12 Tips on Exercising with Cystic Fibrosis
While regular exercise can offer several benefits to all individuals, it can have an even greater impact on individuals living with cystic fibrosis. It is believed that being physically active with CF can help dispose of mucus from the lungs, slow down lung function decline, reduce stress levels, help the body fight off unwanted infections, and improve sleeping patterns.
There are several different types of exercises and each offers different benefits. If you have CF, knowing which exercises are right for you can help you to maintain good health. The most important elements in exercise are posture, breathing and chest mobility, leg strengthening, and endurance. For babies and toddlers, recommended exercises include crawling, throwing balls, rolling, reaching above the head with both hands, pushing or pulling toys, singing, and blowing bubbles. For early and middle-aged children, recommended exercises include biking, throwing and catching balls, dancing, walking, playing jumping games, and playing instruments. For pre-teens, teens and adults, recommended exercises include walking, running, swimming, playing basketball, doing yoga, singing, playing instruments, and working out by doing sit-ups, push-ups, crunches, and squats.
Getting professional help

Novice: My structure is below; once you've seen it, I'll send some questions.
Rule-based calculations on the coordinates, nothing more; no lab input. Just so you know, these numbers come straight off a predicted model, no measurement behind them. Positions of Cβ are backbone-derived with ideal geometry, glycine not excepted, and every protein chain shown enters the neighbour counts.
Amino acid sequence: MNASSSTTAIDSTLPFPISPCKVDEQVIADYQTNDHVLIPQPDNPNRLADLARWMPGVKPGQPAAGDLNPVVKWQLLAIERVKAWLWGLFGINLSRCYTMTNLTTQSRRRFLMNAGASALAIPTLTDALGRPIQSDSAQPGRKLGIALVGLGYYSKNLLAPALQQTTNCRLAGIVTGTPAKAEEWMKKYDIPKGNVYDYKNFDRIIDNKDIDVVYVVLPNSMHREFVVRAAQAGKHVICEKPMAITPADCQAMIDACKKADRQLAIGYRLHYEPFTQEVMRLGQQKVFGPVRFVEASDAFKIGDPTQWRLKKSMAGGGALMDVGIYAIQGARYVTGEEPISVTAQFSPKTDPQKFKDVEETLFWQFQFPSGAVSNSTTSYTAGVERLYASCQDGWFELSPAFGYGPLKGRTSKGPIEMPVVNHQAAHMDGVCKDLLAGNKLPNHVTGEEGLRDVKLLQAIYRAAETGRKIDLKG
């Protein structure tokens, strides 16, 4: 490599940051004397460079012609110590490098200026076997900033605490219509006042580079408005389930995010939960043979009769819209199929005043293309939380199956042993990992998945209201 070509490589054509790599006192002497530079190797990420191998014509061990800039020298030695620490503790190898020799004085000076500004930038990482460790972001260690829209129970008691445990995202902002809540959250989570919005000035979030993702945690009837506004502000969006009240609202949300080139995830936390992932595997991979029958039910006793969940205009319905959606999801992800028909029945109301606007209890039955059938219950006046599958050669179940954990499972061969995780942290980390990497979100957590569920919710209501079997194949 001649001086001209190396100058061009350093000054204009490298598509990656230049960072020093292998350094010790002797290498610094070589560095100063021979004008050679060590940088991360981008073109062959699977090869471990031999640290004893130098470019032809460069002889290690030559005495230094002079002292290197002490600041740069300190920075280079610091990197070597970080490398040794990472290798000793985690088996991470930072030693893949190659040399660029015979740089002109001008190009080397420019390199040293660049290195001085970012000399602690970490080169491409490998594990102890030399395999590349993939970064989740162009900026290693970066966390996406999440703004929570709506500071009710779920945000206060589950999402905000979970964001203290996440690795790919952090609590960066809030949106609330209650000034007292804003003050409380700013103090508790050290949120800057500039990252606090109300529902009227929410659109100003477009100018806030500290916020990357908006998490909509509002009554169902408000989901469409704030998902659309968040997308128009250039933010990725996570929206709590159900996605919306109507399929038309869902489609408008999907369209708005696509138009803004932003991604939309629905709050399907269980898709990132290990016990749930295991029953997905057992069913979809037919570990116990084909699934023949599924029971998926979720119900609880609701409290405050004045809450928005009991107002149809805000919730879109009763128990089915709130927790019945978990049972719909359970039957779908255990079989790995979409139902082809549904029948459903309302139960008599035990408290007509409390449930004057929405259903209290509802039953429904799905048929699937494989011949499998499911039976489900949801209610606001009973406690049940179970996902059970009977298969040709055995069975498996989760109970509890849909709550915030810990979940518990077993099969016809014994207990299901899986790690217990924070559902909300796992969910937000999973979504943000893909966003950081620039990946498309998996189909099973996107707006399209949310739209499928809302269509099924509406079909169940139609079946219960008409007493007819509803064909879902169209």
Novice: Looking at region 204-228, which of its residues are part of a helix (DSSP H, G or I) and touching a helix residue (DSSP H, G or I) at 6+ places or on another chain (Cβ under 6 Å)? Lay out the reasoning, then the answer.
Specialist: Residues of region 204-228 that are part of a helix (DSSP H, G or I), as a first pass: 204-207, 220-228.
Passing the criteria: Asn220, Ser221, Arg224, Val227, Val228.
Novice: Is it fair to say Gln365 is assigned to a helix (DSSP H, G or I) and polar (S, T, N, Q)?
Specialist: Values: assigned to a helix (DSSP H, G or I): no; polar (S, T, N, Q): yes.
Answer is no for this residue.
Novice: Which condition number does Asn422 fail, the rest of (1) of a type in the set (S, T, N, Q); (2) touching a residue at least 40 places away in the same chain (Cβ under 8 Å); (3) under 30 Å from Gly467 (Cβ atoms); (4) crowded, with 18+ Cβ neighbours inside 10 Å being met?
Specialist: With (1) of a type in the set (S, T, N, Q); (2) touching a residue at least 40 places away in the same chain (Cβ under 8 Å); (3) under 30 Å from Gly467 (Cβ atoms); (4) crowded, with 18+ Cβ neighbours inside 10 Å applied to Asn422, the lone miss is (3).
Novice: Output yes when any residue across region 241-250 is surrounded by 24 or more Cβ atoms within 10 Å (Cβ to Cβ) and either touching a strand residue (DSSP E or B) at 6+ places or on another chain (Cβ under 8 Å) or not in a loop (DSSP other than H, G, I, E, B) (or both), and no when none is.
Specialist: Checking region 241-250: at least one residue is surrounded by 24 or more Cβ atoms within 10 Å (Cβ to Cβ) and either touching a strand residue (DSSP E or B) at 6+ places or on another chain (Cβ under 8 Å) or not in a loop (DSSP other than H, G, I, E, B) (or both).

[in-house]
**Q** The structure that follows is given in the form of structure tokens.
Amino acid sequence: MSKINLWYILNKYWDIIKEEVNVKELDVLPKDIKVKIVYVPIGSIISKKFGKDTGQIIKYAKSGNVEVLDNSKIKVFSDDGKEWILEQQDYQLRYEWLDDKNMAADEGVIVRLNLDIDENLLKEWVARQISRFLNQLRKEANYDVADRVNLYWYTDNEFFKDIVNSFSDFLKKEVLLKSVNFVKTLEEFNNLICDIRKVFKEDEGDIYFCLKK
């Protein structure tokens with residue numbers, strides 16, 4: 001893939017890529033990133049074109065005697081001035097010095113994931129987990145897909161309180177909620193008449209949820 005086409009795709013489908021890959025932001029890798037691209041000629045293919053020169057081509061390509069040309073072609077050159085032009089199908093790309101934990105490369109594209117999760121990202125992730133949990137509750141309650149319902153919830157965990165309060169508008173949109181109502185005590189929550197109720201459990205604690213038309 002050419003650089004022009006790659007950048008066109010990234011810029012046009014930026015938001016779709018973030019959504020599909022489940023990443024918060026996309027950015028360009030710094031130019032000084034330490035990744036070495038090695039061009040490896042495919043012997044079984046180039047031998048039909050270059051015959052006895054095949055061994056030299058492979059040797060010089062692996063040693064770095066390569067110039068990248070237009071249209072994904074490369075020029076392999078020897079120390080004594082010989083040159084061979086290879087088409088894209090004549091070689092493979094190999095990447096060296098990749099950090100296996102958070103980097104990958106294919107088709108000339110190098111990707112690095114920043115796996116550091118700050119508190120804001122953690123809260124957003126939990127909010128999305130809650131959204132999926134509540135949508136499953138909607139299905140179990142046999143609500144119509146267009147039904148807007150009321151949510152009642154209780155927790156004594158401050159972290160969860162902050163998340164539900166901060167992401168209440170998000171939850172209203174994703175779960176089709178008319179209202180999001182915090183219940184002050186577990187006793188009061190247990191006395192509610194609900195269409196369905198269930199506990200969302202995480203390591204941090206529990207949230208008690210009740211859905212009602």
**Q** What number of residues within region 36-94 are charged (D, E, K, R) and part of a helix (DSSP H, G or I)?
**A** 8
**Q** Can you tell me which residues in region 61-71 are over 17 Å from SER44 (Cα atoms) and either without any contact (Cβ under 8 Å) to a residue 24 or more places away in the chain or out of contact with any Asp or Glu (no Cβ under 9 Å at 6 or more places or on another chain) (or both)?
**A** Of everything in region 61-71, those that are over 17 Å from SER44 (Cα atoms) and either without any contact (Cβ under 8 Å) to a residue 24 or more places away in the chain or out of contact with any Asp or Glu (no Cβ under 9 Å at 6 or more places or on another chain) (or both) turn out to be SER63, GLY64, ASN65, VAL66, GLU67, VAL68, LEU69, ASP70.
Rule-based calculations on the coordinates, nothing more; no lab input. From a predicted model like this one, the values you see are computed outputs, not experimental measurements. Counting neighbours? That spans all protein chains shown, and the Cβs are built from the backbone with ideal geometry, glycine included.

There are several individuals that you can consult with about what type of exercises are right for you and the benefits that they can offer to your overall health. A physiotherapist can educate you on the different ways in which you can keep your airways clear of accumulation of mucus and an exercise physiotherapist can help you understand how your body functions while you are exercising. Moreover, a dietician can educate you on what type of foods you should be consuming to give you energy, help you receive the necessary nutrients you require, and help you maintain a healthy weight.
“One thing I love about exercising is I tend to drink much more water than I ever would otherwise. Sometimes when it is hot, I will drink up to two liters of water during and following exercise. I believe this is very good for my kidneys, hydrating the mucus in my lungs, maximizing the ability of my blood to carry oxygen, and just overall flushing my system. Again, when swimming it is more difficult to hydrate while in the water, and requires extra drinking after instead of during. For me, exercise is one of the most important components of staying in control of my cystic fibrosis (CF) both physically and mentally. I have always believed that airway clearance is only half of the equation for lung health, and that airway EXPANSION is the other half. I also think that my self-esteem, sense of empowerment, anxiety levels and stress, and ability to stay positive is largely impacted by being active,” wrote Brian Callanan, founder and executive director of the Cystic Fibrosis Lifestyle Foundation (CFLF).
Callanan has 12 tips for people living with cystic fibrosis to follow to help them exercise. Read on and learn more about them.